Biology and Fertility of Soils

, Volume 54, Issue 4, pp 509–521 | Cite as

Plant roots and species moderate the salinity effect on microbial respiration, biomass, and enzyme activities in a sandy clay soil

  • Mozhgan Boyrahmadi
  • Fayez Raiesi
Original Paper


The aim of this study was to determine the effects of plant absence or presence on microbial properties and enzyme activities at different levels of salinity in a sandy clay soil. The treatments involved five salinity levels—0.5 (control), 2.5, 5, 7.5, and 10 dS m−1 which were prepared using a mixture of chloride salts—and three soil environments (unplanted soil, and soils planted with either wheat or clover) under greenhouse conditions. Each treatment was replicated three times. At the end of the experiment, soil microbial respiration, substrate-induced respiration (SIR), microbial biomass C (MBC), and enzyme activities were determined after plant harvest. Increasing salinity decreased soil microbial properties and enzyme activities, but increased the metabolic quotient (qCO2) in both unplanted and planted soils. Most microbial properties of planted soils were greater than those of unplanted soils at low to moderate salinity levels, depending upon plant species. There was a small or no difference in soil properties between the unplanted and planted treatments at the highest salinity level, indicating that the indirect effects of plant presence might be less important due to significant reduction of plant growth. The lowered microbial activity and biomass, and enzyme activities were due to the reduction of root activity and biomass in salinized soils. The lower values of qCO2 in planted than unplanted soils support the positive influence of plant root and its exudates on soil microbial activity and biomass in saline soils. Nonetheless, the role of plants in alleviating salinity influence on soil microbial activities decreases at high salinity levels and depends on plant type. In conclusion, cultivation and growing plant in abandoned saline environments with moderate salinity would improve soil microbial properties and functions by reducing salinity effect, in particular planting moderately tolerant crops. This helps to maintain or increase the fertility and quality of abandoned saline soils in arid regions.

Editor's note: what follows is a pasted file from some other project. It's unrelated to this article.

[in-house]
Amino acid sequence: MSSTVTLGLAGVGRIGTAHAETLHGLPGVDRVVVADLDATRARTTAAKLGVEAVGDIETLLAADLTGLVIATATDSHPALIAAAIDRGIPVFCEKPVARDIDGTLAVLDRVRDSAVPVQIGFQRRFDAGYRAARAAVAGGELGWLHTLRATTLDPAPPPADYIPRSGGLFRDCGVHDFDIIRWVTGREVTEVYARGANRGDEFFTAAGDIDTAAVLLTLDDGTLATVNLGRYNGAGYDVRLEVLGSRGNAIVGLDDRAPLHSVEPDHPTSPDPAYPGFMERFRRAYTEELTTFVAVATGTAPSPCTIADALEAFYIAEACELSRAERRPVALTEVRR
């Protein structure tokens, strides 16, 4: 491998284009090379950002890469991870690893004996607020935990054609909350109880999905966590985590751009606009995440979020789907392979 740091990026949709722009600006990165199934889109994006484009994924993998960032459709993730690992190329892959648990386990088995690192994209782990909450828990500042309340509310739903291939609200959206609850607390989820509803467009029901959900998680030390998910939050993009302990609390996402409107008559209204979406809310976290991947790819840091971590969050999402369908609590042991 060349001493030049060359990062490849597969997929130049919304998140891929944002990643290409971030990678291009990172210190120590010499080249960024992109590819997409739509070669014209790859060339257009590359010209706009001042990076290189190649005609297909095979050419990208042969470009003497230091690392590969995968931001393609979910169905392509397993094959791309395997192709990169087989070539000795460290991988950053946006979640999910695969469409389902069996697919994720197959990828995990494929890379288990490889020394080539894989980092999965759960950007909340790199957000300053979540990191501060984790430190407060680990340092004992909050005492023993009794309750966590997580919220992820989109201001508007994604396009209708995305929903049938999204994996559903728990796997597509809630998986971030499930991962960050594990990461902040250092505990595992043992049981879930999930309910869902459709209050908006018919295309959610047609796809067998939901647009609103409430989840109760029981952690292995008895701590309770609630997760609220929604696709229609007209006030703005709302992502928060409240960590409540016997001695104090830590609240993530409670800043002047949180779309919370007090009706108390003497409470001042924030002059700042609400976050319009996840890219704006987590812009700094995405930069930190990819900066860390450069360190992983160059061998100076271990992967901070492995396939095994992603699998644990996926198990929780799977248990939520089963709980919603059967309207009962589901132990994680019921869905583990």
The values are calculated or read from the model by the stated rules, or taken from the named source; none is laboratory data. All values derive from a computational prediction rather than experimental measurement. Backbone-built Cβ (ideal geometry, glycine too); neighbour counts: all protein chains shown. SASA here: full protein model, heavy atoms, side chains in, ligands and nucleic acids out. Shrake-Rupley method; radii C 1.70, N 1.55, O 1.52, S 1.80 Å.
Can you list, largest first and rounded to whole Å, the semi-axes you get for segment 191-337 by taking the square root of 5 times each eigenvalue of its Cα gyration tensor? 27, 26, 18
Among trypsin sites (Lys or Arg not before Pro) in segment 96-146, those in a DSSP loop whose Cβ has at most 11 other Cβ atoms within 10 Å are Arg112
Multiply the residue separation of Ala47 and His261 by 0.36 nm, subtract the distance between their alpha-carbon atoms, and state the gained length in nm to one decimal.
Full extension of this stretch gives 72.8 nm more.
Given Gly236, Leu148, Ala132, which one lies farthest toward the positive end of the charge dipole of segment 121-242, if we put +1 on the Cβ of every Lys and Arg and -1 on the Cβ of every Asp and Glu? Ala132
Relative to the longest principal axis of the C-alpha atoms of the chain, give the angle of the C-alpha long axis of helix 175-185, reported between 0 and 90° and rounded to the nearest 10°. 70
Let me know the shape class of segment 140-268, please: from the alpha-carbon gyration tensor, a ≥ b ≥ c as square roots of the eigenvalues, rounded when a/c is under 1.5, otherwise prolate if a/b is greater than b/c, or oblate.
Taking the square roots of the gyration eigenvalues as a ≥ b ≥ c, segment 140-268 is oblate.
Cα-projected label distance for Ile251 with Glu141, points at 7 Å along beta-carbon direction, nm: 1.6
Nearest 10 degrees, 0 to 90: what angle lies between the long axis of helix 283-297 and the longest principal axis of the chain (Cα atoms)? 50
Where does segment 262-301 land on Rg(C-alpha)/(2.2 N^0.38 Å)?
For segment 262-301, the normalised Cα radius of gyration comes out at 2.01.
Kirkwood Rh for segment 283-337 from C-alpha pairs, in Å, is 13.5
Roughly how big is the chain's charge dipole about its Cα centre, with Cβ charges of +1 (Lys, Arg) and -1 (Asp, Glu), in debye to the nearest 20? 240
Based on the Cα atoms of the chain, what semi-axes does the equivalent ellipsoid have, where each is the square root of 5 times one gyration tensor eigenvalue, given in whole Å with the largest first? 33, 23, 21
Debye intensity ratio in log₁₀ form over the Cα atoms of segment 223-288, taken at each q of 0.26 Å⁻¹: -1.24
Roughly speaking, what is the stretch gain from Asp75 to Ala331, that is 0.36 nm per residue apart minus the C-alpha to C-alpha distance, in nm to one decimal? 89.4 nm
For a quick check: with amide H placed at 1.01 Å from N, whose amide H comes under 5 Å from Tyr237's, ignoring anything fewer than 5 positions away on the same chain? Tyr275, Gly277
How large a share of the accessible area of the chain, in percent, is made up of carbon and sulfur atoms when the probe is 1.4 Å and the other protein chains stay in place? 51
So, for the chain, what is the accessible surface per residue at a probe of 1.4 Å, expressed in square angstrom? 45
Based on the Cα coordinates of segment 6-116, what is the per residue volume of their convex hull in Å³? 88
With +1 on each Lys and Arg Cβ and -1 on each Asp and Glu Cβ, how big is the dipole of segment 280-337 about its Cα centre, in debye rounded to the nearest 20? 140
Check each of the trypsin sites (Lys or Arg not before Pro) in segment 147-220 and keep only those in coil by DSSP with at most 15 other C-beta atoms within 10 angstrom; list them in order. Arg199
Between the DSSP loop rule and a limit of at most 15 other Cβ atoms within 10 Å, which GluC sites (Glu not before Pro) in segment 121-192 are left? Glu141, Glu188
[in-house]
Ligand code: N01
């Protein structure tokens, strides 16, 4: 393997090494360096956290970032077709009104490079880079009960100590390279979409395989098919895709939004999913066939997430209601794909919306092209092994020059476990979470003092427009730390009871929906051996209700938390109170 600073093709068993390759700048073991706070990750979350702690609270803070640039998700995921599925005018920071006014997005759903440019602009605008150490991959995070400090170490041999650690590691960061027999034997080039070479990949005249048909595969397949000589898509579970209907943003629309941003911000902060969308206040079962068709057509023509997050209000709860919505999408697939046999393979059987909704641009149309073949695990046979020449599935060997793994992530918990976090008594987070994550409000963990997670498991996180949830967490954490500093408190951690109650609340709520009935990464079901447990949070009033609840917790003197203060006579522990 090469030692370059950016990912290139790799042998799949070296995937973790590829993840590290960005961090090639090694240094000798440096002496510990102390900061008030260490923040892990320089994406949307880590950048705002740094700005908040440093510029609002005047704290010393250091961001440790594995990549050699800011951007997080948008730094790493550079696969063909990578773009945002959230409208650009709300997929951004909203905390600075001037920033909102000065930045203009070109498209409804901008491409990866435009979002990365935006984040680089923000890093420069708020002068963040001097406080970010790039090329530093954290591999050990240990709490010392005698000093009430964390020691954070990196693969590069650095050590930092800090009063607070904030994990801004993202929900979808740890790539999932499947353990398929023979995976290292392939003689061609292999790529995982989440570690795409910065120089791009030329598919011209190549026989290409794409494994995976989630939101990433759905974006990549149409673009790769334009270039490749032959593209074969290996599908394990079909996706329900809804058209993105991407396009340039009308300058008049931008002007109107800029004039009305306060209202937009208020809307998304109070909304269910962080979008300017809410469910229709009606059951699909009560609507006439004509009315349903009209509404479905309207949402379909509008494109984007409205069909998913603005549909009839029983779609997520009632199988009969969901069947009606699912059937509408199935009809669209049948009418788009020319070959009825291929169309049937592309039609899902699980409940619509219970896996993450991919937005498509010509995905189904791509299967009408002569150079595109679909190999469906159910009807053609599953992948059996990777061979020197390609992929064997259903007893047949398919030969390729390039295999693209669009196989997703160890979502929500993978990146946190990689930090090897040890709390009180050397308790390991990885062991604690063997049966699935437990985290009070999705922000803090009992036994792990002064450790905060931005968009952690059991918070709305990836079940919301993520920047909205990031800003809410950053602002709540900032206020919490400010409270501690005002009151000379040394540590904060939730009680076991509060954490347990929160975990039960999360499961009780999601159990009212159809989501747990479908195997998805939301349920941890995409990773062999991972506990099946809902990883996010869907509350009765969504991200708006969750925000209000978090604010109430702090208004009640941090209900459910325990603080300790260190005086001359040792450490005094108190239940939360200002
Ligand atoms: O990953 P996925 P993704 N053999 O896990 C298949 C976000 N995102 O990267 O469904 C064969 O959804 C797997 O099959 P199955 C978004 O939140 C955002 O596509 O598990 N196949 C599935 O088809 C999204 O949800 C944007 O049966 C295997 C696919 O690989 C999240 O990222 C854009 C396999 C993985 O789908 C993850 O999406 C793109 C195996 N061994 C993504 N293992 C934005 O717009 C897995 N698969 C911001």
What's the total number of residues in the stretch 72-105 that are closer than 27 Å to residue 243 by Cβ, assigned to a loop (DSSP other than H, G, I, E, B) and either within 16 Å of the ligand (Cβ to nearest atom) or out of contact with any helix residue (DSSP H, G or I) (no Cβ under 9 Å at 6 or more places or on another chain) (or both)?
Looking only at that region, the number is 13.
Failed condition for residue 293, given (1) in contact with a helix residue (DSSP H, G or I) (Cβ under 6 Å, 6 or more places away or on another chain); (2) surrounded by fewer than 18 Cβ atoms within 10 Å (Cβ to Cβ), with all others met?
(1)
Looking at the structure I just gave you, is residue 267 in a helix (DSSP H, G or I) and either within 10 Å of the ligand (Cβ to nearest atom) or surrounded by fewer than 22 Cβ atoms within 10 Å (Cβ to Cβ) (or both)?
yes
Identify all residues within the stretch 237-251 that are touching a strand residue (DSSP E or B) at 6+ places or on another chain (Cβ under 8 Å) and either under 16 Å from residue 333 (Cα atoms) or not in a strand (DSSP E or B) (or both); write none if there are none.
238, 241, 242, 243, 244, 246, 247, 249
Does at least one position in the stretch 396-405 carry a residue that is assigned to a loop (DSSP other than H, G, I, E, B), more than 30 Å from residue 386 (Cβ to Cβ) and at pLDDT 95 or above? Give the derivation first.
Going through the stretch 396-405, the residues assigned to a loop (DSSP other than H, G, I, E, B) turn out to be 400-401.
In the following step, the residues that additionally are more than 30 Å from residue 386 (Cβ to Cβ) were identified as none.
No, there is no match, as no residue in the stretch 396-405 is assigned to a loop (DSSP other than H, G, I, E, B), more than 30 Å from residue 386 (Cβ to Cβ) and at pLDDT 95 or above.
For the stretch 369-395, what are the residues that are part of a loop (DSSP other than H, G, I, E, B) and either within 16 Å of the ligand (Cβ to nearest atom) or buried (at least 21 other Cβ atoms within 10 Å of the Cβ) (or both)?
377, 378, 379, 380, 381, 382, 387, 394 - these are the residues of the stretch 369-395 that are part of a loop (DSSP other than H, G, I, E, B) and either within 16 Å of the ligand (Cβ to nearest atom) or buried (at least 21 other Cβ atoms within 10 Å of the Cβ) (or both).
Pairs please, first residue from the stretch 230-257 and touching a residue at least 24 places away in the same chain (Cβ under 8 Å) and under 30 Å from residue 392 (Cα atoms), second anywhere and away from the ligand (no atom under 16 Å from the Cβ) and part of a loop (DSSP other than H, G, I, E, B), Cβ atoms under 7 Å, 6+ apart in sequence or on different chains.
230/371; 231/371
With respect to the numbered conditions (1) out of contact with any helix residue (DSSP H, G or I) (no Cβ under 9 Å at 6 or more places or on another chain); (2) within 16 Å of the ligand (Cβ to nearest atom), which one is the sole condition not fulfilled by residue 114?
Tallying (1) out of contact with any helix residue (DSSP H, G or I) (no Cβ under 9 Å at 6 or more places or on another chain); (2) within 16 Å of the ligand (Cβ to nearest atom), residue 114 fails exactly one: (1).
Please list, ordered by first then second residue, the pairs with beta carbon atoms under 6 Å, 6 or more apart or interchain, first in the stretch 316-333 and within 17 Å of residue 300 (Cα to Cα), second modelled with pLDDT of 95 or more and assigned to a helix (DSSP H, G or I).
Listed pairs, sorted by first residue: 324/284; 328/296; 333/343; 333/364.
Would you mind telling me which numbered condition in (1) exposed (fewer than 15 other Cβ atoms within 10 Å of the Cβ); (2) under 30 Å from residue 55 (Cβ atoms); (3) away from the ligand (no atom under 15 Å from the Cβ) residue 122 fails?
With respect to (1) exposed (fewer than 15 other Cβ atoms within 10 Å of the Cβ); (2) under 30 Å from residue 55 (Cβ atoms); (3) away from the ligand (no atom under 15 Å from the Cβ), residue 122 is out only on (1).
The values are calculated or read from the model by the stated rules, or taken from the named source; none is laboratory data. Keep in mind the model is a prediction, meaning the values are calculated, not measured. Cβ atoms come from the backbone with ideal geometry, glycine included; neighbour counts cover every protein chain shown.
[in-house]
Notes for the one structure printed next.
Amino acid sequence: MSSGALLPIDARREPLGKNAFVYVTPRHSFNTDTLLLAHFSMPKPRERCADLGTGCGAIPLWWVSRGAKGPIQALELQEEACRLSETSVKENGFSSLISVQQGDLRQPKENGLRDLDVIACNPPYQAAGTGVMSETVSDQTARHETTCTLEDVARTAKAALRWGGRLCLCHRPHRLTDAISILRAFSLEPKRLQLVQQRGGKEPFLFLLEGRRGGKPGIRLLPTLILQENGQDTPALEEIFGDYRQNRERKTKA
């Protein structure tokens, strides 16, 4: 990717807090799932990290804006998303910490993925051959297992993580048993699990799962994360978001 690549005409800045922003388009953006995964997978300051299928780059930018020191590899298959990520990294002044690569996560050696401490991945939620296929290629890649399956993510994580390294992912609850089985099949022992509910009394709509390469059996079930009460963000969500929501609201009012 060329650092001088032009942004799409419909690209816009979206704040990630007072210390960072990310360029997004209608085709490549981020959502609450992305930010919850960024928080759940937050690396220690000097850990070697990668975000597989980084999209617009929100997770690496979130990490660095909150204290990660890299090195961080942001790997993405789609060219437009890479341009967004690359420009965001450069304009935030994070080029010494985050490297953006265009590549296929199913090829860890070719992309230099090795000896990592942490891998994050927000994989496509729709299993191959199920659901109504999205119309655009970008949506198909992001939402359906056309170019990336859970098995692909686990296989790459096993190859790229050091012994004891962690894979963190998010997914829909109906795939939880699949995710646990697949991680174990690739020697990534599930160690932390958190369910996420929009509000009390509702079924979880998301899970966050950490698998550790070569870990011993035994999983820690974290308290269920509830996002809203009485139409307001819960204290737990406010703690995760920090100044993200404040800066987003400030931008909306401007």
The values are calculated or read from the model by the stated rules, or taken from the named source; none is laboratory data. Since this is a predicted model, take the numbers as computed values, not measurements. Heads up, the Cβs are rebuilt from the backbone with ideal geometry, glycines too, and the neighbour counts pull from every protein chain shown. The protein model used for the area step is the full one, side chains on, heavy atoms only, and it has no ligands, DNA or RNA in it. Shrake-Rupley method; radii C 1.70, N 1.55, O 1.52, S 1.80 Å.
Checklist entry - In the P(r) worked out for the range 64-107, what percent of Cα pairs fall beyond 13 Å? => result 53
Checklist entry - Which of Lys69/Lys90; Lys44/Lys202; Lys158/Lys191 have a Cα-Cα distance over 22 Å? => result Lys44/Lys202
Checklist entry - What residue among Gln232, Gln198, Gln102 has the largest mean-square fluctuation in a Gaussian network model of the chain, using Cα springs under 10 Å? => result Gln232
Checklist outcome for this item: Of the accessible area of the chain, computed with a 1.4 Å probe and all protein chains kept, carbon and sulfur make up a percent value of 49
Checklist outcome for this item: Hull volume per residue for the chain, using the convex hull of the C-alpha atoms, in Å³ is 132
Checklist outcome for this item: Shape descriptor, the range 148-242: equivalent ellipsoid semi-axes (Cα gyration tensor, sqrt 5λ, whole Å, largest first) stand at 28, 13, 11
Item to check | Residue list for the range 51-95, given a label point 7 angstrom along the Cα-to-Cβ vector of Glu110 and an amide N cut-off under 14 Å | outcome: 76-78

Enzyme activity Microbial indicators Root effects Plant type Salinity stress 



The authors express their thanks to Shahrekord University for the financial support of the study reported in this paper. They also thank the Editor-in-Chief and three anonymous reviewers for their valuable and critical comments on an earlier draft of the manuscript.

Supplementary material

374_2018_1277_MOESM1_ESM.doc (152 kb)
ESM 1 (DOC 152 kb)


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Copyright information

© Springer-Verlag GmbH Germany, part of Springer Nature 2018

Authors and Affiliations

  1. 1.Department of Soil Science and Engineering, Faculty of AgricultureShahrekord UniversityShahrekordIran

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